In mid-July, Department of Homeland Security secretary Jeh Johnson stated that more than 90% of the public was waiting in lines for less than 15 minutes. That same month, the TSA asserted on its website that 97% of TSA PreCheck-enrolled passengers were facing queue times of less than five minutes.

"It has truly been a collaborative effort between the airports, TSA and the airlines," said Christopher Bidwell, vice president for security at the trade group Airports Council International -- North America.

The TSA, with the help of other industry officials, stunted the long lines, in part, due to an assist from Congress. Legislators enabled the TSA to shift $62 million within the existing 2016 fiscal year budget in order to increase the number of TSA agents at airports. As a result, the agency was able to hire 768 officers by mid-June and to increase overtime. In addition, the TSA converted 2,784 agents from part-time to full-time at the nation's 20 busiest airports, with 600 more officers still to be hired.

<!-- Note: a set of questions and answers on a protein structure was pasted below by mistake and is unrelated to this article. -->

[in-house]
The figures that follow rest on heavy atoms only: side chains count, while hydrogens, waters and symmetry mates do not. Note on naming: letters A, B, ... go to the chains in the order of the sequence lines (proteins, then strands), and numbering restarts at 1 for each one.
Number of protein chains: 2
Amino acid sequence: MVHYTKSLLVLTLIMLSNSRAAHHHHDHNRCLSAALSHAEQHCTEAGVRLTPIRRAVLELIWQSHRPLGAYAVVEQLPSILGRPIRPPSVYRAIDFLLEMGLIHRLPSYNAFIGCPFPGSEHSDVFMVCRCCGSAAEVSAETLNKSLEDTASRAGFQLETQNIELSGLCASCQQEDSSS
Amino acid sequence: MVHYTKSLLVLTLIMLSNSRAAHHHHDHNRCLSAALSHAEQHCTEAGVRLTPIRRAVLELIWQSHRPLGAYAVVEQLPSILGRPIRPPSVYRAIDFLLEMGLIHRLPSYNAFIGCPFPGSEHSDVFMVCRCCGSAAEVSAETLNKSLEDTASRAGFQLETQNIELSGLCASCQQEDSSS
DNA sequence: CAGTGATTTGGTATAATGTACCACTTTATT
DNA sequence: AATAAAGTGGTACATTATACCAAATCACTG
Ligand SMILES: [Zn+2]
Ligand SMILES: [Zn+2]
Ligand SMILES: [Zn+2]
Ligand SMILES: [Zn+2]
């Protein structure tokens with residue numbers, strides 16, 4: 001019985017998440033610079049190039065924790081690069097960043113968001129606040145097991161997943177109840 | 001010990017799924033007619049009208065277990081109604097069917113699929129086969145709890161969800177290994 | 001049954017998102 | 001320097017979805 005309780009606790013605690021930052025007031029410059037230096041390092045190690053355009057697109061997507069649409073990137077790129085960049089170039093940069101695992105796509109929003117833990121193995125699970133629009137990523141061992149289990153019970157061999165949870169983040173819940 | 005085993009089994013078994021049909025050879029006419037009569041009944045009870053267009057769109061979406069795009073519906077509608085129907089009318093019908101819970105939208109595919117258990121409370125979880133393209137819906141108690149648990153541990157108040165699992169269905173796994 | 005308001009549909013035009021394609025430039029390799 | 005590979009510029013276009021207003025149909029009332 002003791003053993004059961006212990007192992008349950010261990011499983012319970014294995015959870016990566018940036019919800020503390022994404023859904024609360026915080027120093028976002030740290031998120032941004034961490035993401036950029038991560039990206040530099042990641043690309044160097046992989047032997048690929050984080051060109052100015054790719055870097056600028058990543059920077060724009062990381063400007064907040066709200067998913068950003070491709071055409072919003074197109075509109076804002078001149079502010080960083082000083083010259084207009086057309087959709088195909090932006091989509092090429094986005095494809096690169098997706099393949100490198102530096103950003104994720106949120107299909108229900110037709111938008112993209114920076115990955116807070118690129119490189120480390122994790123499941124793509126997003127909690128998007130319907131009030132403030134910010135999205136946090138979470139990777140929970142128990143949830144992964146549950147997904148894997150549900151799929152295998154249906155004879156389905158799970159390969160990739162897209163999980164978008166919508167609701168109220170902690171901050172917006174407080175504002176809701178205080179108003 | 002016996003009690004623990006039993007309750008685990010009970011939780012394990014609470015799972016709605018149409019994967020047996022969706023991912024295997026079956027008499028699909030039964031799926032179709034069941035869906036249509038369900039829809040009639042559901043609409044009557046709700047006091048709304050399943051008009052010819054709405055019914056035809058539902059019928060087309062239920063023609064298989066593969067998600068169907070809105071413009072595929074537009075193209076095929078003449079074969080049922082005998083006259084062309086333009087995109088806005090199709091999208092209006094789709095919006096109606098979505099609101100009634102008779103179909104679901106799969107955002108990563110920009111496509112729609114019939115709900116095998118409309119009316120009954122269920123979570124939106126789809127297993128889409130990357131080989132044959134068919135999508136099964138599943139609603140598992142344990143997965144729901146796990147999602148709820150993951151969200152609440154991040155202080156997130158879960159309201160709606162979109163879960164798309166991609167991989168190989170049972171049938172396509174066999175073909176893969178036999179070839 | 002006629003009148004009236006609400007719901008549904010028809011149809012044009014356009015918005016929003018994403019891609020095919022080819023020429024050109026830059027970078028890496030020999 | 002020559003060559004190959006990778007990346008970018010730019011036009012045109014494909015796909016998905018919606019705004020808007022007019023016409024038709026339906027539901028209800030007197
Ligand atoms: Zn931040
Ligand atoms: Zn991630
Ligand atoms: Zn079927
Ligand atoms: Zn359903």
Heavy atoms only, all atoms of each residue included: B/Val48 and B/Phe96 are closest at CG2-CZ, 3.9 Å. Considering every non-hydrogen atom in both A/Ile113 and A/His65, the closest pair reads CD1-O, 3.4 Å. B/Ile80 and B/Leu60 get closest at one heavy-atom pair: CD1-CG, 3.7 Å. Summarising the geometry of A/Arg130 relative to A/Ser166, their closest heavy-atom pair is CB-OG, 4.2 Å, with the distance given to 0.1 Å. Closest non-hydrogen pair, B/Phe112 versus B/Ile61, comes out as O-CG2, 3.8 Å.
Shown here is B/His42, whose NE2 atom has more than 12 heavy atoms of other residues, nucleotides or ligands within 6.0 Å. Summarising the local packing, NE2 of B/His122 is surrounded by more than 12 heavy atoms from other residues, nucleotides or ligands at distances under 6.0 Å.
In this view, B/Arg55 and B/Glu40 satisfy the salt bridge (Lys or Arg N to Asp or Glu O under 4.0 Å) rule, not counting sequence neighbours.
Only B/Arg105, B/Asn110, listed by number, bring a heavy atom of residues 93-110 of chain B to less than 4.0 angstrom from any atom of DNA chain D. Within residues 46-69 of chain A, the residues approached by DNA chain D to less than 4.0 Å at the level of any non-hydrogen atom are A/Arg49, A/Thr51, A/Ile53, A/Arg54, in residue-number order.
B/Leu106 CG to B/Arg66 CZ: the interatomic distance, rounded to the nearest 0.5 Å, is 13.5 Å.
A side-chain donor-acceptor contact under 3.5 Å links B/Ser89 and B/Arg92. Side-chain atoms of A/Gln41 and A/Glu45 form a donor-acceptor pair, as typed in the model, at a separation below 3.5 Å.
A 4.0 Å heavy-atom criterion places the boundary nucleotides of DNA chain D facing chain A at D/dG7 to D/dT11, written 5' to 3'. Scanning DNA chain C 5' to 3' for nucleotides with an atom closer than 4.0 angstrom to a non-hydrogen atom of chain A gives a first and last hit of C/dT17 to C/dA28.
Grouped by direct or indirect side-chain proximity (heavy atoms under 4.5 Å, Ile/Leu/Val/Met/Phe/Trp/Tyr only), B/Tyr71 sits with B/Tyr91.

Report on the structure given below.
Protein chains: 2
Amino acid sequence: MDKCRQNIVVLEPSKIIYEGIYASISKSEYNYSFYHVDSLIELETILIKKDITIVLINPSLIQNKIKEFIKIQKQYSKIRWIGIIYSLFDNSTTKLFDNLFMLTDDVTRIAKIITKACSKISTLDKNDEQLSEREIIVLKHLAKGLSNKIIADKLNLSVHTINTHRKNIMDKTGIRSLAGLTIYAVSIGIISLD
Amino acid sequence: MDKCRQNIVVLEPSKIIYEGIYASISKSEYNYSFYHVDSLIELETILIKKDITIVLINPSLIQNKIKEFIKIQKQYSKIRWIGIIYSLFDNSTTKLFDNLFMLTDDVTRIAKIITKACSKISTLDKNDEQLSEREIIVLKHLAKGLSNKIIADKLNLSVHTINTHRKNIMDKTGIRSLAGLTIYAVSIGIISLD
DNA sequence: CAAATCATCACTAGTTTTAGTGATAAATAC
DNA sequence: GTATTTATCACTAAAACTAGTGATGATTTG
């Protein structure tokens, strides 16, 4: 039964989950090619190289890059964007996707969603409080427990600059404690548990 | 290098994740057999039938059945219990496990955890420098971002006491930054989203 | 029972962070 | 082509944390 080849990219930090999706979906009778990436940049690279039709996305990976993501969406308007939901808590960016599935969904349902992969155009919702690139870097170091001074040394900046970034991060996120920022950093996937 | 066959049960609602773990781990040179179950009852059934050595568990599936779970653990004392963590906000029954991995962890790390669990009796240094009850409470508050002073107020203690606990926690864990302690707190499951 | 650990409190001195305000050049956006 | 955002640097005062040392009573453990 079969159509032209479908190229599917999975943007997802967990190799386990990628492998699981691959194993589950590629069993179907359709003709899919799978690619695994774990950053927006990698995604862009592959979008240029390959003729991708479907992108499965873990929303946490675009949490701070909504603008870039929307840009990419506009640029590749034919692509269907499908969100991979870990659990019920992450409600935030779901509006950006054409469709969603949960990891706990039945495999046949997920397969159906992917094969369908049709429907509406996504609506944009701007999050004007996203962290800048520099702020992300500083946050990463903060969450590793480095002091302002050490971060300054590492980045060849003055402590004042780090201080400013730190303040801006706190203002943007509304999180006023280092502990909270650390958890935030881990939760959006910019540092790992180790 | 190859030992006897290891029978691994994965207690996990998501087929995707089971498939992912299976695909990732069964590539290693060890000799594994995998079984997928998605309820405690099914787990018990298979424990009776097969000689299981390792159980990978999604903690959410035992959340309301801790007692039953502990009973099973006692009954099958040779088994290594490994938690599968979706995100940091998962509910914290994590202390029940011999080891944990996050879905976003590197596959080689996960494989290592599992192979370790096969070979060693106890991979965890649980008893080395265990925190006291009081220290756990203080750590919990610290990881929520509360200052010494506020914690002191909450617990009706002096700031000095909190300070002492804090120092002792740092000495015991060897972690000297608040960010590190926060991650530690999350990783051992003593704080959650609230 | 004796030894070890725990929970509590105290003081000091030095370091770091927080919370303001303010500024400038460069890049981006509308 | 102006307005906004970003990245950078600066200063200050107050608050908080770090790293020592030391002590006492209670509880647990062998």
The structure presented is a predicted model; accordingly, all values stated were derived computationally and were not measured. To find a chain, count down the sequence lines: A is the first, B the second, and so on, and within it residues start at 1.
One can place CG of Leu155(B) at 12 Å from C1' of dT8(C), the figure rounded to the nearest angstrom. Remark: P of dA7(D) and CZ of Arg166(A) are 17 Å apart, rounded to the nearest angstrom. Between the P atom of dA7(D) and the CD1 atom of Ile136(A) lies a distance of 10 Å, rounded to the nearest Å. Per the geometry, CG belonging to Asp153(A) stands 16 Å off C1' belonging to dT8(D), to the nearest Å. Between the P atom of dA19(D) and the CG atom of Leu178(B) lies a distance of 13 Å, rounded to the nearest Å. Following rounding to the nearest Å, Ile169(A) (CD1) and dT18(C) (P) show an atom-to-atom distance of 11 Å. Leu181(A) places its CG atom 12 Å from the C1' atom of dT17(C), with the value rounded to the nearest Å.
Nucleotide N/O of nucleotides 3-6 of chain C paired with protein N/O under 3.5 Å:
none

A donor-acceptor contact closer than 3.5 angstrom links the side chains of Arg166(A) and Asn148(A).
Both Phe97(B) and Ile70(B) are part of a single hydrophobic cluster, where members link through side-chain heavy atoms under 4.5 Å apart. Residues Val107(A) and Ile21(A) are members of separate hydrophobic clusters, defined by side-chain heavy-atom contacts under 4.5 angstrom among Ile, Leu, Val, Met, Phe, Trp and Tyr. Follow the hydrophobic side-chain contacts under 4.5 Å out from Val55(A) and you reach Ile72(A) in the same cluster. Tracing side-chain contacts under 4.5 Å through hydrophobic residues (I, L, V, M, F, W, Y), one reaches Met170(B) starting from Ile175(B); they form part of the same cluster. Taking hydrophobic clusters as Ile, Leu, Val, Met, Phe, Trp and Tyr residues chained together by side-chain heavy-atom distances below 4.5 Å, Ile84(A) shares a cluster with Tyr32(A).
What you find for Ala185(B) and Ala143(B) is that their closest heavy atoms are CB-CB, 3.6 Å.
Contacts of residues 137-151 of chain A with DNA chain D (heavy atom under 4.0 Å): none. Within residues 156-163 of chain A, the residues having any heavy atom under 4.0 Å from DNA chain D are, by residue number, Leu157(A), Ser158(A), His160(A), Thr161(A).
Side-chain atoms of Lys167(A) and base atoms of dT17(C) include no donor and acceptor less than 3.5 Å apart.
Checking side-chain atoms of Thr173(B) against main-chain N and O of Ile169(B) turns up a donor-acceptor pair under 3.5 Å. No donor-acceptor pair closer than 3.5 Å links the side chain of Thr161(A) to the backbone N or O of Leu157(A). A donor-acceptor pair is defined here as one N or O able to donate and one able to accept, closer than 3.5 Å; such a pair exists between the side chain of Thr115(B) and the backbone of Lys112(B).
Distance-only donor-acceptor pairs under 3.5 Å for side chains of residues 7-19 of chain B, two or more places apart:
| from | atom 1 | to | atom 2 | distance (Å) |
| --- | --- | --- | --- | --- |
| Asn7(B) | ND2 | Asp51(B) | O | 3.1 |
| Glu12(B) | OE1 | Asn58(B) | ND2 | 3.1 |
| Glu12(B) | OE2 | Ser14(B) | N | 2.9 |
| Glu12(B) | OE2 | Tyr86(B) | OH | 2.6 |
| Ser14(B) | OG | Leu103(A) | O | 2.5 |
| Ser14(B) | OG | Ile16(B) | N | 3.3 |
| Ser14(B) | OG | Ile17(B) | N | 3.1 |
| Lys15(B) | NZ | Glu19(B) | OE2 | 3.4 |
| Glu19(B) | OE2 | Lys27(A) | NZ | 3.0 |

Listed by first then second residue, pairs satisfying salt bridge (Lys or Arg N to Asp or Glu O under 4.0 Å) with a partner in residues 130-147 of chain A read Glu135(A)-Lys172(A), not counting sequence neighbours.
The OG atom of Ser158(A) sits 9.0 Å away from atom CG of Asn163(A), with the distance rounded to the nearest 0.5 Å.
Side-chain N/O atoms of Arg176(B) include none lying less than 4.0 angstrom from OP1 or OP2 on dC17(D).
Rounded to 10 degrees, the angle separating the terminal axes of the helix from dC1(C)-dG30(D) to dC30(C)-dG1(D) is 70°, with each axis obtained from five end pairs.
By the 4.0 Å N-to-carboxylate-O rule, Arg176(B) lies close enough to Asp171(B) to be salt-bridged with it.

The agency also stepped up efforts to enroll people in PreCheck, which now has more than 3 million members, shifted resources strategically and added canine teams.

Meanwhile, in May, United, American and Delta each put up $4 million for nonsecurity functions, such as moving bins and managing security lines.

Airports took similar steps. Seattle's Sea-Tac Airport, for example, hired 90 contractors shortly before Memorial Day to work nonregulatory positions in front and behind the X-ray machines so that the TSA officers could be freed up for the actual screenings.